Then it's definitely something between the host and the hub, and not the host in general. It's less likely to be on BYOND's end of things though, since we'd have a lot more people reporting issues.

The trace making it to the hub is a good sign, but not a surefire sign of proper communication, just that the one simple request managed to reach the hub. There could be a slew of other things happening causing packets to be dropped, if you run a ping on "" (or the IP it resolves to) over the span of say, 10 minutes, do you get dropped packets?

If not, then it's due to the complexity of the communication, which is a whole 'nother can of worms that can lead down any number of "complex network nonsense" paths, none of which I'm qualified to walk down, unfortunately.

But the primary thing you need to figure out is exactly where and how things are failing.
To me the telltale is that everything was working for you until it suddenly didn't. Since nothing changed at BYOND's end, that only leaves your code, your host, or some detail about the connection from host to hub (possibly related to timing while the world starts up and the hub first makes contact) as possibilities.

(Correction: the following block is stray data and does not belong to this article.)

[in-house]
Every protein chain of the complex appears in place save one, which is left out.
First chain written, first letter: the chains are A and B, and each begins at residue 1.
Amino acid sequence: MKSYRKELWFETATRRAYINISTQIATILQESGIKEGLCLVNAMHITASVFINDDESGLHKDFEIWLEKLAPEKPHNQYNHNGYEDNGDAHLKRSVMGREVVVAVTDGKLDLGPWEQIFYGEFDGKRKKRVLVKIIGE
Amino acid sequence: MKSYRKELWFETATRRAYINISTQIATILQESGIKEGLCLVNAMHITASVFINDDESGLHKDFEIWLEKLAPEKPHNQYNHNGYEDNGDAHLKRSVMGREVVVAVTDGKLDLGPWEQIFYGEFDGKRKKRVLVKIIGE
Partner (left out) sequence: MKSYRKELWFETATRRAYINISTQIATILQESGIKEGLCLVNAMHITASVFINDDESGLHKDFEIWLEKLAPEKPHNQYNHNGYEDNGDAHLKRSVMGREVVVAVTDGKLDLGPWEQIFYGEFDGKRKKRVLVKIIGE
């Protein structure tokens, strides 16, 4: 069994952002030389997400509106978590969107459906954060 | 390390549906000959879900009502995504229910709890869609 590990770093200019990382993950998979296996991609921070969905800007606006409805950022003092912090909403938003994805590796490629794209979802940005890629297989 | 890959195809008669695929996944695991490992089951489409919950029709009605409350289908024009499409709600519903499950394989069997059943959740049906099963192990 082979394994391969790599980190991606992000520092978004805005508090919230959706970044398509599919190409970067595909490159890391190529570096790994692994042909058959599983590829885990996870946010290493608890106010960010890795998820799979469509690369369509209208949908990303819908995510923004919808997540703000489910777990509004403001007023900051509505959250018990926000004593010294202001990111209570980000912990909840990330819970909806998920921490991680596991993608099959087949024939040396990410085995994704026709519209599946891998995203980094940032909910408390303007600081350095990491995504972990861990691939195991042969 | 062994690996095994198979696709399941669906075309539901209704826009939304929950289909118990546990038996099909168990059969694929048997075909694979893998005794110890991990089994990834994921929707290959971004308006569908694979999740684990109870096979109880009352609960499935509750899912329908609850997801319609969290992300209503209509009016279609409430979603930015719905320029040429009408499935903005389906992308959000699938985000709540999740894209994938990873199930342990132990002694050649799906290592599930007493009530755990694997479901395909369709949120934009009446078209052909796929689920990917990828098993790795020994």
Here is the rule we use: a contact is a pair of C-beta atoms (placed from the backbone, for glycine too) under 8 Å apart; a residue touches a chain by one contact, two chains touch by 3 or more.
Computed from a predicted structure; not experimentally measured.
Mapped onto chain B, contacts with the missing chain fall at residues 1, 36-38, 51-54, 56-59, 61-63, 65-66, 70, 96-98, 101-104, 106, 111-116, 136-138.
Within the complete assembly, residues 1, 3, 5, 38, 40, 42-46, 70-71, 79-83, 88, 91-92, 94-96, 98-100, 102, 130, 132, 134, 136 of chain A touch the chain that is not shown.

At the end of the day I couldn't figure this out, all NFO wanted to do was shift blame so I moved to another server. Thanks for the help anyway.
The question is, did the new provider solve the issue? If so, then you know for sure it was indeed NFO.
Yes I'm now hosting on the google cloud console and have had no issues as of yet.
I had this same issue a while back (also using NFO). Not sure how but it resolved itself after a long time of me thinking it was BYOND since I'd never had problems with NFO before that point (or since).
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